Stephen Rees's blog

Thoughts about the relationships between transport and the urban area it serves

Posts Tagged ‘privatization

Privatizing Canada’s Ports

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The federal Liberals seem to be turning out to be neoliberals – not that much different to the Harper Conservatives Canadians so soundly dismissed. The fact that privatisation has generally failed to deliver on its promises – except for enriching a few exceedingly wealthy men – is always ignored by the ideologues of the right. And that is who the C D Howe Institute are. It annoys me that the CBC runs the headline “New report says privatizing Canada’s ports could generate significant revenue” as though it came from an authoritative source, as opposed to yet more conservative propaganda. As usual the only thing that gets discussed is how much money is supposed flow – as though that will somehow benefit us.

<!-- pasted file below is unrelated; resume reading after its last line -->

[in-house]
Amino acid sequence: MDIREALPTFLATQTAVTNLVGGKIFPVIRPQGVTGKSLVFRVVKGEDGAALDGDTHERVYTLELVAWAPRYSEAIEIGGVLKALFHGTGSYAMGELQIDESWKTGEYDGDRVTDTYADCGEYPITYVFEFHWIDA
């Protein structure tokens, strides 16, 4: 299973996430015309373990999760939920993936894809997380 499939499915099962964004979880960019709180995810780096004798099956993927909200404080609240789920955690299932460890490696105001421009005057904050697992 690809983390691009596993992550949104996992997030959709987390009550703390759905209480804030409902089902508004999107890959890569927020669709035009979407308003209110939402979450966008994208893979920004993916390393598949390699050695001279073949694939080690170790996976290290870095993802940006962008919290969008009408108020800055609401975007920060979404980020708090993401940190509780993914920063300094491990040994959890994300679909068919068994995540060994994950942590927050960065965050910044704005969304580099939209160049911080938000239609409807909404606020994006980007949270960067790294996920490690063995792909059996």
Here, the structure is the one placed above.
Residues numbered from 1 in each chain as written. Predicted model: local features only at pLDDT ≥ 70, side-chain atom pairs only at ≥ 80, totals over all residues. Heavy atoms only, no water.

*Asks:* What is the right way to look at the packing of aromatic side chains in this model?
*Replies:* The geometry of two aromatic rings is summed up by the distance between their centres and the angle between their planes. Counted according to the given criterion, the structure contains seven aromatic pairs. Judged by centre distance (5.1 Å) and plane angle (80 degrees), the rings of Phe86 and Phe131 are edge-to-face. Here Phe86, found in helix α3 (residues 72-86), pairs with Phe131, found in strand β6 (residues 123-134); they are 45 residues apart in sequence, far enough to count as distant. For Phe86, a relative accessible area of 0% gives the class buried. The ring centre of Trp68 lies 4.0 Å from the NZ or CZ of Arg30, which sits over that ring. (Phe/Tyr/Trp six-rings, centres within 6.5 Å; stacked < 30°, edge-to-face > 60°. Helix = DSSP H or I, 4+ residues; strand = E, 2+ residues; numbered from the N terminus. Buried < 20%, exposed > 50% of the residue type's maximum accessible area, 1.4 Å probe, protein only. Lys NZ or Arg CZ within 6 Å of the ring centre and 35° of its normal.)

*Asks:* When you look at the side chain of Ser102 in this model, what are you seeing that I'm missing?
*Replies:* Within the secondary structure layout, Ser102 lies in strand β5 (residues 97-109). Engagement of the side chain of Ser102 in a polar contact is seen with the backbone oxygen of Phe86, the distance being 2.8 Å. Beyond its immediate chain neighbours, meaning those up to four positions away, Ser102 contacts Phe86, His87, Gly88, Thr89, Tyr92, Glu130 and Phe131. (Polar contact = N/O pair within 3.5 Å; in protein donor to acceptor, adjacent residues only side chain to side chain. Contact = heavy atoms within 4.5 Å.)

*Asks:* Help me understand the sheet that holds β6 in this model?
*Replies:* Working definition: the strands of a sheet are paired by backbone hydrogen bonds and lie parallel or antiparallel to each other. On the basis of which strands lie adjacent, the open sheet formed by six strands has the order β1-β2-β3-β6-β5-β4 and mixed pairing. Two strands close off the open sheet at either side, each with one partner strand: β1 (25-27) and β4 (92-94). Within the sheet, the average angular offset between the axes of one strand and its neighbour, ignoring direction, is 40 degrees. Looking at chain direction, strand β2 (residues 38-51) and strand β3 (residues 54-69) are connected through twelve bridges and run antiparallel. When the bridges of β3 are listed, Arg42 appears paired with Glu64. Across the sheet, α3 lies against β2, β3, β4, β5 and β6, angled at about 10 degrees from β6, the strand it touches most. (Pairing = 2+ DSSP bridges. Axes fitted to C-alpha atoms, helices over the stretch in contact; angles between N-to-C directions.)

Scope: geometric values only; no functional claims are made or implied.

What is ignored is that ports in Canada though supposedly under the authority of the federal government are in fact a law unto themselves, and have performed very poorly in terms of their impact on the environment and local communities. It is very significant that south of the border, no local community has permitted the expansion of coal exports through their ports. They have also successfully held back expansion  of LNG and methanol simply by insisting on adequate safety provisions. Things are different here. We still have a provincial government gungho for LNG and a port only too willing to expand thermal coal exports. Somehow Canadians do not deserve anything like the protections that US west coast communities enjoy. Privatising the port will only make matters worse. We are already losing the battle to protect the tiny percentage of land in BC capable of growing vegetables, being airily assured that we can continue to import all we need as though climate change and water shortage is not already damaging California’s ability to farm as it once did.